Some points that are telling about Spartans was their drive not to suffer or harm themselves without purpose but to train to such an extent that to others it seemed like suffering or willful harm of oneself; but rather this would lead the men to become stronger, faster, and wiser as they went through some of the most rigorous training before they became full soldiers and citizens of Sparta. Much of their training was based upon some premise or situation a warrior would meet on the battlefield or during campaign, so undue suffering was not meant for the Spartans unless it was meant to show their resolve. For example, when a Spartan wished to commit suicide, he had to starve himself as it would show his determination and control as then it wouldn’t be construed as an impulsive reaction instead of a willful action. Much of the Spartan philosophy goes along these lines of determination and self-control; such as when King Cleomenes ordered his men to kill themselves by stabbing but saved one man, who was his younger mate, ordering him to make sure none unduly suffered. This goes to show the extent the Spartans wished not to cause their men or each other undue suffering as it did no good for anyone. Now keeping in mind that the Spartans did not fear death and countless times sacrificed themselves for Sparta and the western world, such as the 300 Spartans’ last stand at Thermopilae, but in those cases it was needed. When King Cleomenes killed himself along with his men, Cleomenes saw there was no way for him to be free if his captors caught him, and he saw no escape; but that is another point for later. In that moment it made no sense to make his men suffer longer than they had to as they did what he asked and fought with him loyally. Today, we must stand by our brothers and not just fight with them but train with them whether that involves camping in harsh conditions or going over hand-to-hand techniques as these will help build some cohesion amongst your brothers but also make each other better for the trials and battles to come.
One last point about the Spartan philosophy that is extremely important is freedom. As the Spartan way of life was meant for that, freedom, or to phrase that better, freedom was what the Spartan way of life reaped; so spoke the Eurypontid king Agesilaus II. As I made the point earlier on the circumstances of King Cleomenes’ death, he along with his men all killed themselves as they did not see freedom in their future, and they could not escape their captors so they would die free men still. The whole point of the Spartan philosophy as well as way of life was meant not just to gain the Spartans freedom but to maintain that freedom in all aspects of life. The Spartans sent the 300 to defend Greece from Persia as they wanted to enslave Sparta and all Greece so it was of the utmost importance that the Spartans stand against the Persians not just philosophically, but physically, with violence. The Spartans’ training from a young age was meant to give them the skills and abilities to be their own men and to give them the tools to be free, not to have to rely on a larger entity for every little thing. To them, such dependence was a sign of weakness to have to rely on, for example, a large federal government for everything spanning from food to housing as much of the U.S. currently does. Today, we must learn those skills to live off the land and to hunt; in fine, to be truly free of the mental shackles many have been brought up with to rely on either a supposed higher power such as the Christian/Abrahamic God to the large federal government and whoever is in charge at that moment as reliance upon either of those will not lead one to the same freedom the Spartans had.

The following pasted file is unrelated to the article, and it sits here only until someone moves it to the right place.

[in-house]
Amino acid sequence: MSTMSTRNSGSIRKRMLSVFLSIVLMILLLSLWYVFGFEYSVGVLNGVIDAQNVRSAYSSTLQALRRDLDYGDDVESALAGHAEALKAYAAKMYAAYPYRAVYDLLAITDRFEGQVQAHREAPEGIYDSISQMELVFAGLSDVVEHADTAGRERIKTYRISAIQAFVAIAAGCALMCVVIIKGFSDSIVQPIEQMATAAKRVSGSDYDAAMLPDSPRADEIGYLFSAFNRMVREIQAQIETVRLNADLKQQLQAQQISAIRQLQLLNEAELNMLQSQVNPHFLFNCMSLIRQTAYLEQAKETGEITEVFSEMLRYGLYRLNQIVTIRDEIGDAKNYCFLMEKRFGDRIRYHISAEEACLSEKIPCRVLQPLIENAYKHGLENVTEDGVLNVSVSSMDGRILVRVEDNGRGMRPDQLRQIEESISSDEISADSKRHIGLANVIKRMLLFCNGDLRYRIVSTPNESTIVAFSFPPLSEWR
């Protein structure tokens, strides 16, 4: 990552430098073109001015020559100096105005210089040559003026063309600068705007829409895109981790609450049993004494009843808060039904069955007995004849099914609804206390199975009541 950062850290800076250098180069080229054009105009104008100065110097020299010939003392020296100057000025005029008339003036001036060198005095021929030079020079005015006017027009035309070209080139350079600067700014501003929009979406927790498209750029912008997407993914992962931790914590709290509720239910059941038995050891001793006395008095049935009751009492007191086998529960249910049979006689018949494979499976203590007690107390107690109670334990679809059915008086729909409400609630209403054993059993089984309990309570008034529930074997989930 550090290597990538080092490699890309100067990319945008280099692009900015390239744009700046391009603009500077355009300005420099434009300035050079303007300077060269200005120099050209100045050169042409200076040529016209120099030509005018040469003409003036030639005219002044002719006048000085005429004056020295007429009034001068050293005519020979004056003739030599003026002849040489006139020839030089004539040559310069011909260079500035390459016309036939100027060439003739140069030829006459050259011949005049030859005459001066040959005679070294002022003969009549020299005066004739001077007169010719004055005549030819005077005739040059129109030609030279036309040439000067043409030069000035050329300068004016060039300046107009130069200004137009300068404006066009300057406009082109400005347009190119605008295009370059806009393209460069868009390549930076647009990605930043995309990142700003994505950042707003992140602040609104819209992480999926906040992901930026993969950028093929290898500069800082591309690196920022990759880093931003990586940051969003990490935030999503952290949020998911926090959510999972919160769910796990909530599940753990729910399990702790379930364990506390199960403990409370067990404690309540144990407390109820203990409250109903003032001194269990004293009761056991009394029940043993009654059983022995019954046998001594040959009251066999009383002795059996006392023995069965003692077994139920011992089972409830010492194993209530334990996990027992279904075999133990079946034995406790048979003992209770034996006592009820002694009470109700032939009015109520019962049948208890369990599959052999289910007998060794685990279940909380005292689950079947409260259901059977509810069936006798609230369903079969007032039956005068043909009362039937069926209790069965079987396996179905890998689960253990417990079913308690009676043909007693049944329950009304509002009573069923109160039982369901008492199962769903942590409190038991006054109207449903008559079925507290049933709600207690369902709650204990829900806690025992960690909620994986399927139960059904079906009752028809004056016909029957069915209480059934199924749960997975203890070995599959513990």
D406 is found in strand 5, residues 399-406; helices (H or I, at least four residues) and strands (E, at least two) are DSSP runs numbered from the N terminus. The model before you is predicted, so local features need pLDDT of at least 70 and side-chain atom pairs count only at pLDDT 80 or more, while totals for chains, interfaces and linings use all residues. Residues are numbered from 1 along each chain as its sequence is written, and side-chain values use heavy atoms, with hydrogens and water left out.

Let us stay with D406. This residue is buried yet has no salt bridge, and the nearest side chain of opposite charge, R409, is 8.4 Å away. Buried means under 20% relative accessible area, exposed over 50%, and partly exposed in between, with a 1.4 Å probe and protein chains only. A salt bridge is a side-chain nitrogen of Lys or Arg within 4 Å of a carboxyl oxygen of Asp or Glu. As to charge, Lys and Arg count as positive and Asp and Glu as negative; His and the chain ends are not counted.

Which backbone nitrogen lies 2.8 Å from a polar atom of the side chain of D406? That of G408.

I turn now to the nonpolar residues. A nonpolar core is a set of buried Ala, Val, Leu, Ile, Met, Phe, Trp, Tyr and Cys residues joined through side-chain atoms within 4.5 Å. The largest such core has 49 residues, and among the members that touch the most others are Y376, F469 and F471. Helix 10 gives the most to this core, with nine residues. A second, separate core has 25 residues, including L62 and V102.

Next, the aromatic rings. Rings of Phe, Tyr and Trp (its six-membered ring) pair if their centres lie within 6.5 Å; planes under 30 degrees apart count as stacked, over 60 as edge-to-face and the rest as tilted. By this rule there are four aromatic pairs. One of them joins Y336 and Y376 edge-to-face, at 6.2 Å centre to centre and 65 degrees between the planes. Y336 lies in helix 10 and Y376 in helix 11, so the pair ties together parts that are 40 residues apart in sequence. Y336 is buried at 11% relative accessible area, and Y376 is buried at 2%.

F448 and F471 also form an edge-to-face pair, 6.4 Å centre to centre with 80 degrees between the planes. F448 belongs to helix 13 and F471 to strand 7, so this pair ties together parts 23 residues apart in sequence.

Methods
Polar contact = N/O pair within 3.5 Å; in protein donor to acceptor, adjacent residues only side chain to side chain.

In conclusion, the Spartan philosophy was grounded on determination, self-control, brotherhood, and the concept of freedom. The Spartans did not just exemplify these attributes and qualities but pushed themselves to even greater. Many today can learn these simple points from the Spartans and apply them to their current situation so as to better themselves as men and in the hopes later to be fighters and warriors as, after all, some of the greatest warriors came from this land and held these beliefs close to their heart. Though as time has dragged on and the world has fallen apart more and more we will soon see a time where men need to take charge and retake what was once theirs and become better than what they are. For many, they have already become better and simply are waiting for their chance; but others need to start taking these steps now, or they will never get the chance to, as they will fall before those cowards who have made this world fall apart.